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I Really Wanted to Give Up, I Have Before

As the London Marathon draws closer, it has become a bit of a stress. I broke my leg in October and missed 9 weeks of training during prime running weather. I gained 12 pounds. By the time I got running again, it seemed that we have had snow storm after snow storm. I never liked the treadmill, and being forced to use it has changed me.

Not for the better.

The good news is that I get to run. Running is a gift. I condensed my training. usually when you train for a marathon, you ramp up slowly. When you start marathon training you would normally be up to a half marathon (13.1 miles or 21-something KM). Then you add the other half marathon over the next 18 weeks. Actually, you just run 20 miles as your long run. There are a few cutback weeks, and you really end up adding about 7 miles over those 18 weeks.

I missed nine weeks. Nine long runs never happened. 

My training was basically starting nine weeks late from zero miles. I ran lots of short runs to build up my stamina, but the long runs were knocking at the door. I went from 8 miles, to 11 miles, and then I jumped up to 17 miles. That was two weeks ago. Sunday, I ran 20 miles in 4 hours. Six of that i did with Ruth. <3 I basically skipped my 9, 10, 12, 13, 14, 15, 16, 18 and 19 mile long runs.

Not my best move, but I pulled it off. 20 miles if about 76% of the total 26.2 miles.

In fact, overall it was a good run. I didn't fall down and bang up anything. The sun was out. I didn't poop my running shorts. I didn't even choke on my Gatorade. I was a minute faster per mile than I was on my 17-miler a few weeks prior.

It's like it wasn't me.

All the time I was out there in sub-freezing weather (in my shorts and Boston Marathon finishers shirt), my pathetic runner friends raised about $1,000 for my charity. I can't tell you how grateful I am for that. I am over $4,000 of the $6,000 I agreed to raise. That's about 66% of my goal.

I am also grateful for those of you who have contributed!

Here I am about to run my 9th full marathon, which is my 5th world major. The 20-miler is a is the pinnacle of training. It is sort of a slide to the starting line from here. I am sore, but satisfied. I know I can do it despite the odds against it.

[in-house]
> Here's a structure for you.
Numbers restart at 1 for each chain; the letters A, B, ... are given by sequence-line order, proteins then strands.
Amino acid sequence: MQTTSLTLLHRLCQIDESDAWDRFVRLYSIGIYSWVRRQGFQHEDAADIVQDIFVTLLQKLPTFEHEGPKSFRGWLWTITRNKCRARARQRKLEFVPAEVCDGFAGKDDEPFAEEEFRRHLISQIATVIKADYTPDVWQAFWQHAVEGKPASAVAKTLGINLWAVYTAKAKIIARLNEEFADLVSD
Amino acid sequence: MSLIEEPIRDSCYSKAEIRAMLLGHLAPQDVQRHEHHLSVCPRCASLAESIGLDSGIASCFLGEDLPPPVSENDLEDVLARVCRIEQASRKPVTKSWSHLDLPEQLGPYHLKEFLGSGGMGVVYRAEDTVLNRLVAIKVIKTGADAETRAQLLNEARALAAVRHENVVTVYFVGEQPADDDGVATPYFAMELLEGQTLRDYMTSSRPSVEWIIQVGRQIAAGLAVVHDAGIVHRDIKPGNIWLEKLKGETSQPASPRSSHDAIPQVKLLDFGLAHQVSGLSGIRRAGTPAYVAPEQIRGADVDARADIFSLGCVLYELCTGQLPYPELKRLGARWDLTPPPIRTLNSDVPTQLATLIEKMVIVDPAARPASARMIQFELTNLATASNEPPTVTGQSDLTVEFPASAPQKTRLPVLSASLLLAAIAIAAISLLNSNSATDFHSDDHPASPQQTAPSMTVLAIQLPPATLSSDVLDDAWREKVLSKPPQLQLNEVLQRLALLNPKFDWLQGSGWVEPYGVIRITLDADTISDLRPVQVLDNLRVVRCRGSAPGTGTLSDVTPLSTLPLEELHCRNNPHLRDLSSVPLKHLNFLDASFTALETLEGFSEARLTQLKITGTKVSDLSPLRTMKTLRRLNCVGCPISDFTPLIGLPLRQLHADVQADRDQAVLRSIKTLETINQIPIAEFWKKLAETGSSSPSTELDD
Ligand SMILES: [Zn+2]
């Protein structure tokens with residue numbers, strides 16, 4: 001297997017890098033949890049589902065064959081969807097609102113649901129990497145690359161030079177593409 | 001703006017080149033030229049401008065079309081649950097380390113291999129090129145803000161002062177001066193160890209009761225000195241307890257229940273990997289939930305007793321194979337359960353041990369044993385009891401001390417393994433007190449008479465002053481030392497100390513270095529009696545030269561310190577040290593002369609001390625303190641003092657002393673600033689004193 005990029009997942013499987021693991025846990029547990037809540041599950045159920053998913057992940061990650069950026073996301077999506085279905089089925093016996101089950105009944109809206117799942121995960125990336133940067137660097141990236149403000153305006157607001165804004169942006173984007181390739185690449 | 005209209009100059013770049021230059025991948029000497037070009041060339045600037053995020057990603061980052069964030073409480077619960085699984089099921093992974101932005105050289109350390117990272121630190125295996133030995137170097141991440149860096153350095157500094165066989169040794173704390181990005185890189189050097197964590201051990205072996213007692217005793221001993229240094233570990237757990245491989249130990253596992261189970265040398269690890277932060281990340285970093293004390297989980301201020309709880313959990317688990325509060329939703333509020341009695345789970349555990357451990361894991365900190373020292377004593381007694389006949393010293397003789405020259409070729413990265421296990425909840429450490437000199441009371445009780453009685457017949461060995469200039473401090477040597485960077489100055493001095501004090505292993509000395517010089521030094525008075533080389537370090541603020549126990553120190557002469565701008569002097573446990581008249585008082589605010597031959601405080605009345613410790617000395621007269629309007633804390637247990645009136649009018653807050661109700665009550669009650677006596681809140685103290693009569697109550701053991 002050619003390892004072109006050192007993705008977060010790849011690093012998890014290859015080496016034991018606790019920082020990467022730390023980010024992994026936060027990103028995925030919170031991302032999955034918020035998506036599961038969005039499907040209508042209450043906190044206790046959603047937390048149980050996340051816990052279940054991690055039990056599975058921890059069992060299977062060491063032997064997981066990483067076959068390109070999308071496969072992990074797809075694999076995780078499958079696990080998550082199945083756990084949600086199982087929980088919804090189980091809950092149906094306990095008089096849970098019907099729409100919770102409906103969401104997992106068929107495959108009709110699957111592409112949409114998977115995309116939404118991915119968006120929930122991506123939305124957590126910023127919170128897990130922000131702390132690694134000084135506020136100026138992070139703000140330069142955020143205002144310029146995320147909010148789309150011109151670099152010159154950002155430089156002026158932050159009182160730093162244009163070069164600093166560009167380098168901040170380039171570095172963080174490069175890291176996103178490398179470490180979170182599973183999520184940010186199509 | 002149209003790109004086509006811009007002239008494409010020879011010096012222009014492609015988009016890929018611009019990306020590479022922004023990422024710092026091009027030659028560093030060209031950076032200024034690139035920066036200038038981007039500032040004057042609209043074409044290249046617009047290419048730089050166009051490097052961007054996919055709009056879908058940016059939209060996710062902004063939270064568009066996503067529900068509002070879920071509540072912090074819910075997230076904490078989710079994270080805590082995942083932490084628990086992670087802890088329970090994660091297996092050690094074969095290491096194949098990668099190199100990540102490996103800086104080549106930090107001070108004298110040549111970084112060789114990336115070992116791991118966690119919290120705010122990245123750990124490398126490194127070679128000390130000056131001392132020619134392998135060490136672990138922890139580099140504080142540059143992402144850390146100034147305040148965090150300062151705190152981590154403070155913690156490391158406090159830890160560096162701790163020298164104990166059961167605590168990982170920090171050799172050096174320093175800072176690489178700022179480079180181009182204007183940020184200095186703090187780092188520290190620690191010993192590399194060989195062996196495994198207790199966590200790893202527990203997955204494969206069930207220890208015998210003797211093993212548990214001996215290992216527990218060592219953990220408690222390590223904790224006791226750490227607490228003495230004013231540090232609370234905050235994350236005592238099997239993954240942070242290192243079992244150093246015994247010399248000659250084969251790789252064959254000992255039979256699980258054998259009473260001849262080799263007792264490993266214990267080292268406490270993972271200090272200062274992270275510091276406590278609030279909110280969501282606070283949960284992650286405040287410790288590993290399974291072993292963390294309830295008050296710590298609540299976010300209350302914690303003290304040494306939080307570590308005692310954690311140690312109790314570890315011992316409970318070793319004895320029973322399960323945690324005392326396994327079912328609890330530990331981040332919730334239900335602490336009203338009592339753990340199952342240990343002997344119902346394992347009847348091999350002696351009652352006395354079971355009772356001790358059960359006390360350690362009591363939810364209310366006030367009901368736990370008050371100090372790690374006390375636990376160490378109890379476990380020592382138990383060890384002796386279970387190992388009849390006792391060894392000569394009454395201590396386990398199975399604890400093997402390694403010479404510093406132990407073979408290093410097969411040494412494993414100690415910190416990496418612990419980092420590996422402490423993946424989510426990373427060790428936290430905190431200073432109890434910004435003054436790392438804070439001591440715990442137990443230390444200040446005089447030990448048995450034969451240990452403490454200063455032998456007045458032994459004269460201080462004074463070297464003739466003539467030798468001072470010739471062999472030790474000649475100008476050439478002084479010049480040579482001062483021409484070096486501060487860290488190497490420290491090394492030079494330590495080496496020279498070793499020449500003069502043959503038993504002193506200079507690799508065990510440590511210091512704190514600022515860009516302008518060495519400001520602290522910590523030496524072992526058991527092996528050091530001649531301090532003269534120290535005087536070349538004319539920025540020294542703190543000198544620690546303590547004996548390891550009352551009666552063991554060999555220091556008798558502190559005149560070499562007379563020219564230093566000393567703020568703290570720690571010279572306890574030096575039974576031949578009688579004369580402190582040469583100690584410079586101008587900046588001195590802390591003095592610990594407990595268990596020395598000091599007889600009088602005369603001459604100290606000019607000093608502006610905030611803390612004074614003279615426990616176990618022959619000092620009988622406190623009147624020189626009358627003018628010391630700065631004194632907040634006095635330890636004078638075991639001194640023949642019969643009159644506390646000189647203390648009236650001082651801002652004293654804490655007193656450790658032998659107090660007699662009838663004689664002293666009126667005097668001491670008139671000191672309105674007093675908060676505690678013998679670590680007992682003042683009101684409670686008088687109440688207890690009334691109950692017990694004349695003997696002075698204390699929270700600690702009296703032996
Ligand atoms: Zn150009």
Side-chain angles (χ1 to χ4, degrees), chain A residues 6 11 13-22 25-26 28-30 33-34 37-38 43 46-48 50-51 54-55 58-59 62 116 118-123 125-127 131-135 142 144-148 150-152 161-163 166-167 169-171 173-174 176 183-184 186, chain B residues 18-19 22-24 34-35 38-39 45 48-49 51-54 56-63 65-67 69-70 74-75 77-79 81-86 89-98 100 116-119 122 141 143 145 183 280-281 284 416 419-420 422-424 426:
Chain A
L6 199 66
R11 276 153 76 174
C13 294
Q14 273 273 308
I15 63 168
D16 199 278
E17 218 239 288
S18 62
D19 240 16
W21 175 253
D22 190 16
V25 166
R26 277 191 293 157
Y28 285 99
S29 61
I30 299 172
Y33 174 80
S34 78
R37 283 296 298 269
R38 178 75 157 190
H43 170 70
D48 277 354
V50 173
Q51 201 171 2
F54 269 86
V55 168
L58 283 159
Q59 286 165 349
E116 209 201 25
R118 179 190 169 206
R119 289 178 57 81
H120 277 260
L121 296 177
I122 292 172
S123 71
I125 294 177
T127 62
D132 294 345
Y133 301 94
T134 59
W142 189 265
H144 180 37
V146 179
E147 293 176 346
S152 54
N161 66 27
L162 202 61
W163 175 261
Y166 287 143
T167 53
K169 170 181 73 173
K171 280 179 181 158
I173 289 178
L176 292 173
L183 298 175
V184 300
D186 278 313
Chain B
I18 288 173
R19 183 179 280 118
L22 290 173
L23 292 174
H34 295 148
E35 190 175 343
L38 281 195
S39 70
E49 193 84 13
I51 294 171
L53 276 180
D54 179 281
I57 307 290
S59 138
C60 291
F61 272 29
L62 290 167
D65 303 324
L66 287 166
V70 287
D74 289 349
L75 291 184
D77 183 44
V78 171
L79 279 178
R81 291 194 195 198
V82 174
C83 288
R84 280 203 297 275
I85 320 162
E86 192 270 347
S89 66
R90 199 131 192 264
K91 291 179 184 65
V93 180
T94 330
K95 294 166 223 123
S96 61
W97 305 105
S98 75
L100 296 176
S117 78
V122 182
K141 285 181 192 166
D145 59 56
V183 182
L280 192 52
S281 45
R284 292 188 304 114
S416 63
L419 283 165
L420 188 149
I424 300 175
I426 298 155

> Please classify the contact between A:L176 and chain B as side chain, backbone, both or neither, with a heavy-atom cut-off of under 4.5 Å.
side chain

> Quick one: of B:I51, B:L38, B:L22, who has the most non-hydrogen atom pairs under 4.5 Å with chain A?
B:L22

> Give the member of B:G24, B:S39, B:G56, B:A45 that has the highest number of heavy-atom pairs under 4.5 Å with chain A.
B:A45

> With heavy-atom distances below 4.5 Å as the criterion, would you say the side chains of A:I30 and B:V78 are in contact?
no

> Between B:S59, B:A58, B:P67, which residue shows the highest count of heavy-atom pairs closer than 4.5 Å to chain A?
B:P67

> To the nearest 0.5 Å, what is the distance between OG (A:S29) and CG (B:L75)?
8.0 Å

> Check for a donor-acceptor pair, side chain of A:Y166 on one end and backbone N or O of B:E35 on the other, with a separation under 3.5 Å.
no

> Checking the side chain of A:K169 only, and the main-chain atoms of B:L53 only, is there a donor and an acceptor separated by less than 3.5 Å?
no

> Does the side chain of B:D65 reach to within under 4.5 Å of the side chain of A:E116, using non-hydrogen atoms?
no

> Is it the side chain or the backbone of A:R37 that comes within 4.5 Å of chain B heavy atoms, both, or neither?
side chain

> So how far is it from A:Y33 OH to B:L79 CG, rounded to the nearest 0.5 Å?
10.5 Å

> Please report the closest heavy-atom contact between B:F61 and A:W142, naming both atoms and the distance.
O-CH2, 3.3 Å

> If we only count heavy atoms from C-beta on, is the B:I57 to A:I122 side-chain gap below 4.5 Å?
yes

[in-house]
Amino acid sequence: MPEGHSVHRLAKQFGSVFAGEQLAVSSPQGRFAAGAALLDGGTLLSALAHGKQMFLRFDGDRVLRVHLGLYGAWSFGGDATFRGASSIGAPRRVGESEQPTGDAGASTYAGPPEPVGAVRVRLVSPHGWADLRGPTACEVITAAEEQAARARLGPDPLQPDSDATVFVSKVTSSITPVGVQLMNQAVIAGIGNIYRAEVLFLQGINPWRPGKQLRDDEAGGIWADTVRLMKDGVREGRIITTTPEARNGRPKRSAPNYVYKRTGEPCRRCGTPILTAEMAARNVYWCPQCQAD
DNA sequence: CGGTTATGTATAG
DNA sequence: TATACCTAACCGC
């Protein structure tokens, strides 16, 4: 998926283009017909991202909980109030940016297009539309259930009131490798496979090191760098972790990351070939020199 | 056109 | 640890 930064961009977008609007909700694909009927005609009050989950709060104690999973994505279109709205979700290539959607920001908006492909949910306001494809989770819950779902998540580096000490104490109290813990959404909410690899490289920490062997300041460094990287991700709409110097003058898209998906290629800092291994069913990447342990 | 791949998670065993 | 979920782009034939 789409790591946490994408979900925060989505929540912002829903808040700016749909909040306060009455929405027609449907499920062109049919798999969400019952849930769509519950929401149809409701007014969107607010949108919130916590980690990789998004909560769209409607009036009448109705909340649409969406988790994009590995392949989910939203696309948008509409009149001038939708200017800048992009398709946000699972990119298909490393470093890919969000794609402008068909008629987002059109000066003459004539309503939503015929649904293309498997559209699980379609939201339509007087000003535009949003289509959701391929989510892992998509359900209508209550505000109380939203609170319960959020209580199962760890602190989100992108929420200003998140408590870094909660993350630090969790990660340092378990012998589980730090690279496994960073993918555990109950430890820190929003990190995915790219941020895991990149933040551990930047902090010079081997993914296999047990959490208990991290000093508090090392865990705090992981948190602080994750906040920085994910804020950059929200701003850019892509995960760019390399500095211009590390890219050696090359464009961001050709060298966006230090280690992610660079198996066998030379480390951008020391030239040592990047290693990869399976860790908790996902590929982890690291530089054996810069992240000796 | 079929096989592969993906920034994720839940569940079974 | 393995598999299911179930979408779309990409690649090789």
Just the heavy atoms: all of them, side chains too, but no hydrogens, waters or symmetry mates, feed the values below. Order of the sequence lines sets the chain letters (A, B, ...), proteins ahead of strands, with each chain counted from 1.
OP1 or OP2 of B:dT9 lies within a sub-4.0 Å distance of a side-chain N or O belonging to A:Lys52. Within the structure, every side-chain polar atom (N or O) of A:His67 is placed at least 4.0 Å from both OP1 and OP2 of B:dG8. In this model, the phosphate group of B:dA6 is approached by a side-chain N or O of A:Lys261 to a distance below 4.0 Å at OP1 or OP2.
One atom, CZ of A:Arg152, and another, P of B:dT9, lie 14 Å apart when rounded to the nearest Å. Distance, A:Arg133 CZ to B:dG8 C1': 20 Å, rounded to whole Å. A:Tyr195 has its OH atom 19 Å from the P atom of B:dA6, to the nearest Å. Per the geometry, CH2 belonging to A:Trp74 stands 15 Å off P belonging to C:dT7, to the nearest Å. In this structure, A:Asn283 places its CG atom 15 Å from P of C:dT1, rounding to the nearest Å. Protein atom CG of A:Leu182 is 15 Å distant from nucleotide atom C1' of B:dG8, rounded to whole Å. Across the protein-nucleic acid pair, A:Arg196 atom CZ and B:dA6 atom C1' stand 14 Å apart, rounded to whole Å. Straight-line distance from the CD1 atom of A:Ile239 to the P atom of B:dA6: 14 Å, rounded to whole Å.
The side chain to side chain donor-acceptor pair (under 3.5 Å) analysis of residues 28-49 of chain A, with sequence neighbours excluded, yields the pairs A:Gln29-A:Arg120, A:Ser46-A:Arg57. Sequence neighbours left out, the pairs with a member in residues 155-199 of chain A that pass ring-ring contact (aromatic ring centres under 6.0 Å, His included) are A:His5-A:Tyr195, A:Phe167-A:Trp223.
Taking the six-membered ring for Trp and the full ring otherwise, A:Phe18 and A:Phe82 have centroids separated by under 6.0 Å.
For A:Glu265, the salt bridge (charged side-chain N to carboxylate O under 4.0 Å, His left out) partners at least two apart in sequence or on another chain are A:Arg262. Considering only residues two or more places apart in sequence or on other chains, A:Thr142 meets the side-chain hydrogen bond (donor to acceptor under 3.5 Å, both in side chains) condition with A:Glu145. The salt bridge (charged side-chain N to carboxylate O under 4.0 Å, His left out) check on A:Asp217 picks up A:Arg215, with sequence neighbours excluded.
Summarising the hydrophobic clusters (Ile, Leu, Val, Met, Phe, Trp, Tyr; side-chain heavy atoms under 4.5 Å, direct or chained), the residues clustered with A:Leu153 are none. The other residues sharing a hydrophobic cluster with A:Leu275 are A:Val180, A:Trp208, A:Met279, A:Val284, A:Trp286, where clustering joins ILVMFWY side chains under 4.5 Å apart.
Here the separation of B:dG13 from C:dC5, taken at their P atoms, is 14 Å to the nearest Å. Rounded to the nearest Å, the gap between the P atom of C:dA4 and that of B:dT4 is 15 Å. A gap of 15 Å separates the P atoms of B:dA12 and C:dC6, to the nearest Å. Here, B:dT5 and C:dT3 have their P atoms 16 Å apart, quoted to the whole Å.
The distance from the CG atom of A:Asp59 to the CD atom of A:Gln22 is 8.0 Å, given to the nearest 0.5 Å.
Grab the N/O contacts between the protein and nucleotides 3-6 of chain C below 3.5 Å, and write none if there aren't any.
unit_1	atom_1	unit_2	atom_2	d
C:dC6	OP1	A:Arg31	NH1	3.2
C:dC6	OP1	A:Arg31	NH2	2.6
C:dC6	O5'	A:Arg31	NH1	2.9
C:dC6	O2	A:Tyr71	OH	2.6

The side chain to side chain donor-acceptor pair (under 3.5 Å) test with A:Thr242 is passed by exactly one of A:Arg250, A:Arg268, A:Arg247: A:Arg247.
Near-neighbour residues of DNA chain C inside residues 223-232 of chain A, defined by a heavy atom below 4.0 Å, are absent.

It may not be my best race, but I will finish.

For me - the old fat guy who almost died from heart failure seven years ago - finishing is a win. Raising money for charity makes me feel good about what I am doing. Your prayers, thoughts and comments are the wind in my sails.

Having the support of my wife is also precious commodity.

Marathoning is a strange blend of support, faith, hard work, and for me, a lot of grace. I didn't just wake up one day and decide to run a marathon. The desire to try, to work hard, and find a way to finish what I started, was the miracle.

When I began running, it was going to be a miracle that I could complete a 5K. I finished my first on March 25, 2011.

I remember crying at the end of the first race. Me in my dorky red basketball shorts. I did it. I also remember the day I hit the 20 mile mark in my first marathon in 2013. I cried then, too. That was back when I was feeling great. The last few years have been rough, but marathoning taught me that by putting one foot in front of the other, I could get to the finish line.

I will be doing that on April 22nd. Thanks for your support and encouragement. It means a lot.

I Almost Didn't Make It

I still can't believe it was me. I look back on some family photos from 00s. Wow, I was nearly 300 pounds! (pics in profile) I didn't mean to get there. I was a skinny kid and I was a skinny adult until I was 43. Then it began. It happened when I wasn't looking. 

Over time, the pounds added up!

I graduated HS at 165. I was 185 as an adult. I can't even imagine how you gain 115 pounds. One bite at a time, I guess. And so it happened to me. At 230 pounds I started a diet. I was back down to 190. Then up to 265, and back down to 199. It was just too much work. I tried the gym and had an injury, so I had to quit. It seemed like every time I tried to get active, something went wrong so I would give up. That was my story.

I kept giving up.

Then one day in 2011, I had congestive heart failure. Yes, I had started on the journey, again. Working hard for nearly three months, I was down nearly 50 pounds. When I weighed in at the hospital after seven days in ICU, I was 244, depressed, and certain my life was over. It was now just a matter of sitting in a chair and taking meds until I died.

I had no dreams left.

Not long after I got home, I had my daughter drop me off to see the running of the 2012 Boston Marathon. I can't tell you what happened that day, but something changed. Maybe God spoke to me. I'd like to believe that. I walked home the mile to my house in 55 minutes; stopping to rest on a park bench.